Newspaper fires up controversy
Mainstream media continues to denigrate those who simply own a registered firearm and enjoy target sports and hunting.
The latest attack in Melbourne’s Herald Sun was inspired by a single billboard celebrating the Olympic gold medal of Catherine Skinner and encouraging legal firearms owners to show their pride by posting to social media.
While the article includes quotes or paraphrasing from both sides — the Alannah and Madeline Foundation (AMF), which is anti-gun, and the Sporting Shooters Association, which is in favour of responsible and legal gun ownership — it still raises concerns. Peter Blunden, the Victorian managing director, editorial for News Corp is a board member of the AMF, and while we make no inference of undue influence, we have sought clarification on the basis for this latest article appearing.
“A controversial billboard on one of Melbourne’s busiest freeways is encouraging shooters to upload selfies with their hunted prey,” the newspaper suggested.
There is no controversy. The billboard featured an image of Olympic Gold medallist Catherine Skinner firing a shotgun at a clay target — exactly what she did to universal acclaim (including a splash in the Herald Sun) in Rio. The opposition of the Alannah and Madeline Foundation to firearms is well known and so too is the viewpoint of legal gun owners, including clay target shooters and hunters. That these diametrically opposed viewpoints exist could hardly be the source of controversy. “The campaign encourages shooters to ‘show your love of shooting’ by sharing pictures on social media,” the article continued.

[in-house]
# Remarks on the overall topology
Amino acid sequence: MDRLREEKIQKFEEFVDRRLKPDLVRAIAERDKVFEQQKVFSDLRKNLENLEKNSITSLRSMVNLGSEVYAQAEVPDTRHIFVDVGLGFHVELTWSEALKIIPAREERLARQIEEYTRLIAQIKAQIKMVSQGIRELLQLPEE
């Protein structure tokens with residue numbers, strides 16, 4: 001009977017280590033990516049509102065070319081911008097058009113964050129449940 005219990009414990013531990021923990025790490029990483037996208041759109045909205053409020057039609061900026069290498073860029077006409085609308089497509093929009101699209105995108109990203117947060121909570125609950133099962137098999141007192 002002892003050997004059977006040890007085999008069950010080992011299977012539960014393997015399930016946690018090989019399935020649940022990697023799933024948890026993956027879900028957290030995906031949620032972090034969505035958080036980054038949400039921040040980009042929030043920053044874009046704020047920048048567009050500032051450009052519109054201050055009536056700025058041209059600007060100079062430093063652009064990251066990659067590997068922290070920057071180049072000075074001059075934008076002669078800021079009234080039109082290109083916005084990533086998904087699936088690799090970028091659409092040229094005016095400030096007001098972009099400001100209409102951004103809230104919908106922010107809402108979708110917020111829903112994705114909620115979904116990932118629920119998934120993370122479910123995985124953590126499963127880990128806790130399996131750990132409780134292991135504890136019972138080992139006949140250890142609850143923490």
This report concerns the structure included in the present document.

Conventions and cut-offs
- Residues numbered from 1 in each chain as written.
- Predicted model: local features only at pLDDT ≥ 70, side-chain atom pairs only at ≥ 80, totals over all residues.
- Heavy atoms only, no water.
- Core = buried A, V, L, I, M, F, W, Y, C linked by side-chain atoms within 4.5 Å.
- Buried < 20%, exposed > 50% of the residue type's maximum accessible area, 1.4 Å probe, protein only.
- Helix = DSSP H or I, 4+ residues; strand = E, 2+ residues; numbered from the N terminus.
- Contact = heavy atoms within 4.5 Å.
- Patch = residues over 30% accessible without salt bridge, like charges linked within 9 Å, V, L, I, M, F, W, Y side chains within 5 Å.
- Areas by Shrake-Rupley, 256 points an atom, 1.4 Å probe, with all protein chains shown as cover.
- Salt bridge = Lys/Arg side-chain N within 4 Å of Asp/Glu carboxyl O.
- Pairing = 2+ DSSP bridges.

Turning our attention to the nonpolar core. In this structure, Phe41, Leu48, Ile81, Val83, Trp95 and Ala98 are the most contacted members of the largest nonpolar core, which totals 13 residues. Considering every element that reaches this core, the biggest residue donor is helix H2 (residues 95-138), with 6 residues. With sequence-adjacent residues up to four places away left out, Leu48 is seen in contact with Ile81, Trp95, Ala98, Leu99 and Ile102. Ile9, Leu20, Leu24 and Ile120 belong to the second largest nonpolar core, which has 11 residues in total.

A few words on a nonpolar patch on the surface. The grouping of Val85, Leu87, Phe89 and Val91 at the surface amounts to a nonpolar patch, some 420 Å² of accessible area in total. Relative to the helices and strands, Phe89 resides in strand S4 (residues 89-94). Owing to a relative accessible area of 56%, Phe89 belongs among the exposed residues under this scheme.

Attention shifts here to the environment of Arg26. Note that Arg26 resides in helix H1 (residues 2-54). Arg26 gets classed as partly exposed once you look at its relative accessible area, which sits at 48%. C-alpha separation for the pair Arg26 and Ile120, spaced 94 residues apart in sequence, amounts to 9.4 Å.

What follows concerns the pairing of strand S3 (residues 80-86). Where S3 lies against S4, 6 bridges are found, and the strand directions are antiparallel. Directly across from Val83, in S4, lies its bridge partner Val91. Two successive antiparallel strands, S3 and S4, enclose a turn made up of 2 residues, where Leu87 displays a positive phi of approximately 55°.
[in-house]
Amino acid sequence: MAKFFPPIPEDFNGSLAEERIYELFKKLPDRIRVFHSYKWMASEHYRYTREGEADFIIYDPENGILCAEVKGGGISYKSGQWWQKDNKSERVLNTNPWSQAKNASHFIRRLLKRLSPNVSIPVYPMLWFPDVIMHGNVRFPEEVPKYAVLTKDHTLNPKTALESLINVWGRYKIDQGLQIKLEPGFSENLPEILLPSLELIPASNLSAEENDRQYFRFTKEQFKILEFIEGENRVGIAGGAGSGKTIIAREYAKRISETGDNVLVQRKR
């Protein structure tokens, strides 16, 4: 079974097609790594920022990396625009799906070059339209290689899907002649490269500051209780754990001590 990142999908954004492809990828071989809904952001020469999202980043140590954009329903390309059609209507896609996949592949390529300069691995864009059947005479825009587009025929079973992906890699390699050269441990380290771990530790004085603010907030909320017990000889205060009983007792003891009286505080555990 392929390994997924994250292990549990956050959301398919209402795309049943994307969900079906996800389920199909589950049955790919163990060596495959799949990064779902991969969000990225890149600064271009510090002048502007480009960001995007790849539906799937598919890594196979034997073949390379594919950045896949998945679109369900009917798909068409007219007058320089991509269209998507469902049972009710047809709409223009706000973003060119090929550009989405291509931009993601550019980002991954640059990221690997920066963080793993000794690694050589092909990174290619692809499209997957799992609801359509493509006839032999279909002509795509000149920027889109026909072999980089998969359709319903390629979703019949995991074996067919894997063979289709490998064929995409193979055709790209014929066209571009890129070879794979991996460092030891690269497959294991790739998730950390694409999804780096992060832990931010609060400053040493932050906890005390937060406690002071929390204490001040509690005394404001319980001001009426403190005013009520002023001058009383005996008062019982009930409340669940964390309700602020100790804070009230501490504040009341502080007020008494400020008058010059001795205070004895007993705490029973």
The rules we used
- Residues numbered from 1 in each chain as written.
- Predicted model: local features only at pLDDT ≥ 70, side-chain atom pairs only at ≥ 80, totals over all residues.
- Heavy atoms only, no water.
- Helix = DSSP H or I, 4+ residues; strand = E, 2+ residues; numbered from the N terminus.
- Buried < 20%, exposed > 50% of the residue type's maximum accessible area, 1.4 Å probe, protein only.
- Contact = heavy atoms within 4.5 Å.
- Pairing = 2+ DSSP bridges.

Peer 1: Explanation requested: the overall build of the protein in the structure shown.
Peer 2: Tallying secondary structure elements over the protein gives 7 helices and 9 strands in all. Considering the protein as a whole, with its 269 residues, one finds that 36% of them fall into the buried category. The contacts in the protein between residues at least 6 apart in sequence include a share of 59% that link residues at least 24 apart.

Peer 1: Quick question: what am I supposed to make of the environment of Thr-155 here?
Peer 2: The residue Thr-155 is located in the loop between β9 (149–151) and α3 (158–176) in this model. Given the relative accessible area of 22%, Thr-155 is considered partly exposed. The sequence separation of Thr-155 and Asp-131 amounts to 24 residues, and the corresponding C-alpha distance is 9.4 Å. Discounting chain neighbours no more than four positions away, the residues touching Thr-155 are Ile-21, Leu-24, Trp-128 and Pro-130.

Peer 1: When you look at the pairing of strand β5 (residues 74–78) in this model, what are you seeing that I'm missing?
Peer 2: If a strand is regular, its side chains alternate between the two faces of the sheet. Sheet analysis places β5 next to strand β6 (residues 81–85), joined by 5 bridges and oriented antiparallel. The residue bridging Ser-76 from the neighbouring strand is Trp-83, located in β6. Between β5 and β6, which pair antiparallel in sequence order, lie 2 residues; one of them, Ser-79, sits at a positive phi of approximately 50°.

No controversy here either. While the AMF might oppose “any promotion of firearms in a way that normalises their use”, that is an extreme and unrealistic view in a free and open society. Shooters were encouraged to share images from their ordinary and legal pursuits in the field. It is worth noting none of the images was deemed offensive by the social media platforms.
Even so, here they were, described in the article as “graphic images of hunted animals”.
This is where we find the apparent controversy, which is deeply concerning given the role of the journalist in reporting news. Graphic in this tabloid context means shocking, disgusting, sickening — but where is the justification? In the article, the AMF does not raise concerns about the posted images other than that the promotion might “normalise” firearms use.
A simple search of #I am a shooter on Twitter a week after the article produced only a couple of images showing hunters with dead animals.
We understand that some people may not like to look at a dead pig, even though it is a pest animal that does enormous damage to the natural environment. The suggestion these images are controversial or graphic and the insinuation in the article is not justified.
Given the lack of any protagonist in the story we have to conclude that the “controversial” billboard and the graphic nature of the selfies it generated were added to create an adversarial ‘good Vs evil’ tone.
By omitting any reference to the majority of family images uploaded using the hashtag, the article drew an unflattering and unfair caricature of legal firearms owners.
The Herald Sun responded that the article was “reasonable and responsible.” We disagree and intend to take the matter to the Australian Press Council.